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mike18
Level 7
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Message 1 of 7

Route -n get command

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Hi everyone,

I am trying to check if Mcafee firewall has static route to destination.

I run this command to know if firewall has route to destination 10.31.102.9

route -n get 10.31.102.10

   route to: 10.31.102.10

destination: 10.31.102.8??????????????????????what does  destination mean here?????

       mask: 255.255.255.248

  interface: 1-0

if address: 10.31.102.13?????????????????????does it mean that firewall has route to destination via interface 1-0???????

     region: 1

      flags: <UP,DONE>

recvpipe  sendpipe  ssthresh  rtt,msec    mtu        weight    expire

       0         0         0         0      1500         1         0

Regards

Mike

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sliedl
Level 14
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Message 4 of 7

Re: Route -n get command

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Oh sorry, the output does change when you have explicit routes configured.  The firewall I tested on only had the 'interface routes' and the 'default' route so I didn't see this same output.


The 'destination' appears to be the broadcast address of the network-route you added.  I believe if you add a host-route instead then the 'destination' will be the same as the IP address you specified in the command (with a mask of 255.255.255.255).


The 'gateway' is the IP address of the router to which the firewall will forward this traffic.

In your first output you already have an interface on the same subnet as the IP address you specified so there is no 'gateway' specified there (since the firewall will just ARP and forward the traffic to that destination IP).

6 Replies
sliedl
Level 14
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Message 2 of 7

Re: Route -n get command

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'destination' is the IP address of the router to which the firewall will forward traffic for the IP address you specified in the command.

'if address' is the IP address of the firewall interface through which this traffic will leave when destined to the IP address you specified in the command.

mike18
Level 7
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Message 3 of 7

Re: Route -n get command

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If i run the same command for different IP address it shows this output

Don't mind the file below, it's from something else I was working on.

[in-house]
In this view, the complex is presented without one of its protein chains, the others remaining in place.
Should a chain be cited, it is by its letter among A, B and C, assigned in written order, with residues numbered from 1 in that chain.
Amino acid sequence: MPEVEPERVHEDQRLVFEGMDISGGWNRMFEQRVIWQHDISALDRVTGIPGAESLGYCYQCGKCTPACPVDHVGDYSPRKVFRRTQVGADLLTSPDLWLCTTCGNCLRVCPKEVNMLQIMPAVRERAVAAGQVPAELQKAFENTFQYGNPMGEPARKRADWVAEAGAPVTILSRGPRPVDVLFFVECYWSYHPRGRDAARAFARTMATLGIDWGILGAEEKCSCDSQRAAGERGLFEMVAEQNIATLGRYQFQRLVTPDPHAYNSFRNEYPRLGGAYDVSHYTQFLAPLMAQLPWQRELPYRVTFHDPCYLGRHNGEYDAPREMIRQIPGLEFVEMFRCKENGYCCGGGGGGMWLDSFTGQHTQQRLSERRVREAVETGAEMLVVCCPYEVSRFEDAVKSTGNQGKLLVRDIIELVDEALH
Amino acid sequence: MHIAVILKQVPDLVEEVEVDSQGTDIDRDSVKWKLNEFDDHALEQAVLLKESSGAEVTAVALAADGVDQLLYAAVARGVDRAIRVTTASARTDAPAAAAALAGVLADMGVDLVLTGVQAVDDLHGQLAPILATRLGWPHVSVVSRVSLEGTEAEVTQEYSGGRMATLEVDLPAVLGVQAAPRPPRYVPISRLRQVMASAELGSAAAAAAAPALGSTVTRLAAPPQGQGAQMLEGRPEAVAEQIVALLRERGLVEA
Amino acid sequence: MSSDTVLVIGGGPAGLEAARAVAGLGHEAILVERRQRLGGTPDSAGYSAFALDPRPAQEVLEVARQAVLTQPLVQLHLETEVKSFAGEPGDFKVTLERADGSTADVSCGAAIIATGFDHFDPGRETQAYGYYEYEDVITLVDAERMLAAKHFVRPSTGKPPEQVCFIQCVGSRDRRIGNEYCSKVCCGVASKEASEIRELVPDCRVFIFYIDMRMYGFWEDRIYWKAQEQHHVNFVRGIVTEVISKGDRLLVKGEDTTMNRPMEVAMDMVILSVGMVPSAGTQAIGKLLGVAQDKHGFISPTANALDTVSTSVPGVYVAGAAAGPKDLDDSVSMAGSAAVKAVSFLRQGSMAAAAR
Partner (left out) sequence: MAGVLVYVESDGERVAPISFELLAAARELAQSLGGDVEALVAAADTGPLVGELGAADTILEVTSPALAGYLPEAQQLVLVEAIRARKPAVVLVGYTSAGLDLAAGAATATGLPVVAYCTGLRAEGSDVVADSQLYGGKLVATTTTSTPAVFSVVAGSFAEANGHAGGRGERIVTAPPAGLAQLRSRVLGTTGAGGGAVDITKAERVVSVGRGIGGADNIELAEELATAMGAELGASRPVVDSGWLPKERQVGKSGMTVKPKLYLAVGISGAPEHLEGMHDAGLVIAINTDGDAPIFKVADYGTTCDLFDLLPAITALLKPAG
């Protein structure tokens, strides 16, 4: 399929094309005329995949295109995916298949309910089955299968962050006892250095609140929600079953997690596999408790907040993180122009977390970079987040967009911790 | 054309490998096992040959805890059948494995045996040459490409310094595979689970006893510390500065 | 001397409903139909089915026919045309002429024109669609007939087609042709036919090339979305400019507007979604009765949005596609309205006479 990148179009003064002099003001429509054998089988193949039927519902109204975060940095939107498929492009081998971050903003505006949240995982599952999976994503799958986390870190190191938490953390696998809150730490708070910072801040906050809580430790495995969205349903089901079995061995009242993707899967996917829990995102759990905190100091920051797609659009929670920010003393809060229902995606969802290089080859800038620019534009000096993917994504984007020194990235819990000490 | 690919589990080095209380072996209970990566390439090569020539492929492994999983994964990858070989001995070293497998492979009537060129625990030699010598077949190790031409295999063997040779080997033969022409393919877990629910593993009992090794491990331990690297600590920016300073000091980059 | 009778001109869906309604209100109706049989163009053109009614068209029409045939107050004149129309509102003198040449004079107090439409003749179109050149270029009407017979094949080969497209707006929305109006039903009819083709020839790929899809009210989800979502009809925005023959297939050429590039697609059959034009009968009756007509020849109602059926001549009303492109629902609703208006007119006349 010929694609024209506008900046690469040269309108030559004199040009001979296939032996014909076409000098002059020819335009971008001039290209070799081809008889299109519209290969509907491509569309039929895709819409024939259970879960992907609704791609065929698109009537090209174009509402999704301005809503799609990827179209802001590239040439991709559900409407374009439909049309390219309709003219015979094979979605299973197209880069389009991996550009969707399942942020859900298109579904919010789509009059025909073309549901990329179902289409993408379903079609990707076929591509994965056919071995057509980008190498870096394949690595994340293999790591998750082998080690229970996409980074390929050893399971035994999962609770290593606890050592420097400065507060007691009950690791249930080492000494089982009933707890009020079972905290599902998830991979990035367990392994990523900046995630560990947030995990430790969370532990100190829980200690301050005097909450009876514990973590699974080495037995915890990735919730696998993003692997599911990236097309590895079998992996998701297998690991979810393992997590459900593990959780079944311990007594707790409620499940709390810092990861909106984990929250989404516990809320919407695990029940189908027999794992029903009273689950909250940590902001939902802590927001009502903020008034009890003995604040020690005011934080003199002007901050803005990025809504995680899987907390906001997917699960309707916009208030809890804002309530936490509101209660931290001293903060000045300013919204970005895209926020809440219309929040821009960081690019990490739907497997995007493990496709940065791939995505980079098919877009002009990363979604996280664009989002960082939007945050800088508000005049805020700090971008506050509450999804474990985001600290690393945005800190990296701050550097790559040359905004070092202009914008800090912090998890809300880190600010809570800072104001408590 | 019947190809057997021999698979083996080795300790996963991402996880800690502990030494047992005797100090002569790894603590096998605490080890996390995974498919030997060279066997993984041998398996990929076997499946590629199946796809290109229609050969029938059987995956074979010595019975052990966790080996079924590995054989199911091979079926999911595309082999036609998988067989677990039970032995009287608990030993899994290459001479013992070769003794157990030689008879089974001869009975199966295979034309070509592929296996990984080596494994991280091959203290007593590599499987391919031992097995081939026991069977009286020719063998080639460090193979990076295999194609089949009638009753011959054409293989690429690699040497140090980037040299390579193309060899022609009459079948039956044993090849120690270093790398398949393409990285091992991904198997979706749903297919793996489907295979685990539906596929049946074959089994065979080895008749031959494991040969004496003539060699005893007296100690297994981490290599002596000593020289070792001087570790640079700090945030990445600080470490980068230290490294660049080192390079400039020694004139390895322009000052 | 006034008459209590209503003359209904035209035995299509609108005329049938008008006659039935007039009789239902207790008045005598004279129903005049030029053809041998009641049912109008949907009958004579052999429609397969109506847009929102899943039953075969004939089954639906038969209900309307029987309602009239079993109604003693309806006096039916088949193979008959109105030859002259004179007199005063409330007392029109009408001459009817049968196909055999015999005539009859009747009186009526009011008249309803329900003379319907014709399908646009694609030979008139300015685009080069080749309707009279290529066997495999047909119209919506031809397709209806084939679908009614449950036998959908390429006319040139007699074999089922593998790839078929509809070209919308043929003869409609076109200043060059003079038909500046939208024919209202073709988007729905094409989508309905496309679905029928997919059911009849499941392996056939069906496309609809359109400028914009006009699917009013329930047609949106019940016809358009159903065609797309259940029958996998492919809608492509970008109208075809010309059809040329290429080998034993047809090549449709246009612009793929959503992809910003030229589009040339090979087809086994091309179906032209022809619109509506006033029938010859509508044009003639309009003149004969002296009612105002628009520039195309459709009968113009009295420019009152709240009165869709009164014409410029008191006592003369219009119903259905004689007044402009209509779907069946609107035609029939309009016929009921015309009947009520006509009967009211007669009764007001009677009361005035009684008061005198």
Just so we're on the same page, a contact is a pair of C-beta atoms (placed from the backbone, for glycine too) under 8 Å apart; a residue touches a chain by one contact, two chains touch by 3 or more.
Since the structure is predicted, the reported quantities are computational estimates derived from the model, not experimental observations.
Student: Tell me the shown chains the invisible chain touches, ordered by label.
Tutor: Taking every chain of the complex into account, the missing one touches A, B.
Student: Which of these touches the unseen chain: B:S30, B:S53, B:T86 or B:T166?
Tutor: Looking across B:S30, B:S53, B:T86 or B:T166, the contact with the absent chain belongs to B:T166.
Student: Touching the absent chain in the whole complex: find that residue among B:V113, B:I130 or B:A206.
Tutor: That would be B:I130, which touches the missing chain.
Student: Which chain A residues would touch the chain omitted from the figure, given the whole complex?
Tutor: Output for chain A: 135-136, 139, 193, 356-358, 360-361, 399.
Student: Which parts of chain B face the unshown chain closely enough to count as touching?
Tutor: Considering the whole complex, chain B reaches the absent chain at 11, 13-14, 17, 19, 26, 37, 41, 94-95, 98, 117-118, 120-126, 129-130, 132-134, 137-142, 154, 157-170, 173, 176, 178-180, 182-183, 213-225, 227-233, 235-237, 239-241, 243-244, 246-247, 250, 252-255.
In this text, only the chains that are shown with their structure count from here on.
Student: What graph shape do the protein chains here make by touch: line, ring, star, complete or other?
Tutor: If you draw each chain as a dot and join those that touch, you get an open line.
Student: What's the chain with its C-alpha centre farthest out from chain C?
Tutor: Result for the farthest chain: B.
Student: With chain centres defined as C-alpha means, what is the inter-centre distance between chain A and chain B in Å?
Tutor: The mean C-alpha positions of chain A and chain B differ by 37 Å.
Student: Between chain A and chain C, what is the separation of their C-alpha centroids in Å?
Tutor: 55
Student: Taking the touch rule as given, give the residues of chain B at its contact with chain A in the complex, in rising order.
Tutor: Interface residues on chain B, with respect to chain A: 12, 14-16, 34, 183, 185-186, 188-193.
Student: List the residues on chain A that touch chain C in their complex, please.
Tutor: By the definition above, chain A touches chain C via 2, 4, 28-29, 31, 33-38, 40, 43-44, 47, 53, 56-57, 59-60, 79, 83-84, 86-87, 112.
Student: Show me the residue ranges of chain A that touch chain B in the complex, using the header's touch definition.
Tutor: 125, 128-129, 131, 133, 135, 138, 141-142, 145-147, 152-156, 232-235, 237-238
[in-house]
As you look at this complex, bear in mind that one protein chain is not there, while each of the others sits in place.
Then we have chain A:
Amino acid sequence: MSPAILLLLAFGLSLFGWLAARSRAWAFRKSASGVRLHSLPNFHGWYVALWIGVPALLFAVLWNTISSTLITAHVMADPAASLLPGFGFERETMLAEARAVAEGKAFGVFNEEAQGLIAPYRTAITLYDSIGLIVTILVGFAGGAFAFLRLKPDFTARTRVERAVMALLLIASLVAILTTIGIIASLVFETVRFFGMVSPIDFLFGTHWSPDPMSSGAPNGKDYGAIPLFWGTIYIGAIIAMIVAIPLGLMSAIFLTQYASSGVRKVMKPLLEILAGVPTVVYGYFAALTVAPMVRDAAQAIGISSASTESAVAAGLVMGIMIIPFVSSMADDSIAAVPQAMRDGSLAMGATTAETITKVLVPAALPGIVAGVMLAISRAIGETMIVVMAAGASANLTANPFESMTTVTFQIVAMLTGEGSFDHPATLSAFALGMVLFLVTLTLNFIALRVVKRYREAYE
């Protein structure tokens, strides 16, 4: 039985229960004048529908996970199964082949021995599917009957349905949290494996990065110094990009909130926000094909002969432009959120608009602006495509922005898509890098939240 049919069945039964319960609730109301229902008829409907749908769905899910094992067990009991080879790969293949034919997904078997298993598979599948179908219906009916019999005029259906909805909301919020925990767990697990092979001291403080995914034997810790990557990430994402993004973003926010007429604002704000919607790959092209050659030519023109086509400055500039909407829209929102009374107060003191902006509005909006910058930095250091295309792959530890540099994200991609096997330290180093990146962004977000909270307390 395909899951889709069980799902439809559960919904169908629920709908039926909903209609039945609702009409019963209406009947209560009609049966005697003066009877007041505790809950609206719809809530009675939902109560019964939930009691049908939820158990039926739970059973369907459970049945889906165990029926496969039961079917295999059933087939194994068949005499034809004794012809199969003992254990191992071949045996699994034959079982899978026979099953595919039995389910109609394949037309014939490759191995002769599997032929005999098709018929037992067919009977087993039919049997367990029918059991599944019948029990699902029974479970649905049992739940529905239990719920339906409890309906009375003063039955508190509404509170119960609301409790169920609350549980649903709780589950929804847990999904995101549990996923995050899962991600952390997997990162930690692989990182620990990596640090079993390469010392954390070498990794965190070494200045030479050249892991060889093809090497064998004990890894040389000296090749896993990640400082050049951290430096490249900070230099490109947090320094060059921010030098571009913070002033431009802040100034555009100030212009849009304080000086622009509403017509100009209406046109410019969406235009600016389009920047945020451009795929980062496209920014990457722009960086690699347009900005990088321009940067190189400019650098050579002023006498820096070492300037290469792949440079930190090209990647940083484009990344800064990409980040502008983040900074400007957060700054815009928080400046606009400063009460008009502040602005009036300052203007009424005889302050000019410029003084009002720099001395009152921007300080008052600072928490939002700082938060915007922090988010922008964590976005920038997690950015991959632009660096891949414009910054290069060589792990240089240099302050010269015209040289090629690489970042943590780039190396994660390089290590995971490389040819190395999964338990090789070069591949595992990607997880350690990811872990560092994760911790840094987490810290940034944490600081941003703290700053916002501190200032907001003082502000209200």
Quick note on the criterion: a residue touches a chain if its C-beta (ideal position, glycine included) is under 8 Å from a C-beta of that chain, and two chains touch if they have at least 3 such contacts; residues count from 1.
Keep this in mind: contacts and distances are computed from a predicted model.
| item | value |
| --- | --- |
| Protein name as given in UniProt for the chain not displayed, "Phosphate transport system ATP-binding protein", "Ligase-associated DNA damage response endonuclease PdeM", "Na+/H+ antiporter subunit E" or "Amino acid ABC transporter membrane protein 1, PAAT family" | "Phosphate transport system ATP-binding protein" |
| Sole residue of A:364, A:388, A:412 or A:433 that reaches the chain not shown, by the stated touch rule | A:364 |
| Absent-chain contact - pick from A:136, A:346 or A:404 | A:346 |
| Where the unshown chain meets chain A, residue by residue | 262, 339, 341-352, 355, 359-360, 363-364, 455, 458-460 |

route -n get 192.16.10.220

   route to: 192.16.10.220

destination: 192.16.10.128

       mask: 255.255.255.128

    gateway: 10.31.102.18*******************************************

  interface: 1-1

if address: 10.31.102.17

     region: 2

      flags: <UP,GATEWAY,DONE,PROTO1>

recvpipe  sendpipe  ssthresh  rtt,msec    mtu        weight    expire

       0         0         0         0      1500         1         0

Need to understand why it shows gateway address here?

Does it mean that traffic to 172.16.10.220 will leave via router 192.168.10.128 via firewall inetrface IP 10.31.102.17?

What role does Gateway IP 10.31.102.18 plays here?

Best Regards

Mike

sliedl
Level 14
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Message 4 of 7

Re: Route -n get command

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Oh sorry, the output does change when you have explicit routes configured.  The firewall I tested on only had the 'interface routes' and the 'default' route so I didn't see this same output.


The 'destination' appears to be the broadcast address of the network-route you added.  I believe if you add a host-route instead then the 'destination' will be the same as the IP address you specified in the command (with a mask of 255.255.255.255).


The 'gateway' is the IP address of the router to which the firewall will forward this traffic.

In your first output you already have an interface on the same subnet as the IP address you specified so there is no 'gateway' specified there (since the firewall will just ARP and forward the traffic to that destination IP).

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mike18
Level 7
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Message 5 of 7

Re: Route -n get command

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Hi Sliedl,

Correct me if i am wrong but destination 192.16.10.128 is network address.

Broadcast address will be 192.16.10.255.

Regards

Mike

sliedl
Level 14
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Message 6 of 7

Re: Route -n get command

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Yes, sorry, I mixed that one up, you're correct.

mike18
Level 7
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Message 7 of 7

Re: Route -n get command

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Many thanks for answering the question.

Regards

Mike

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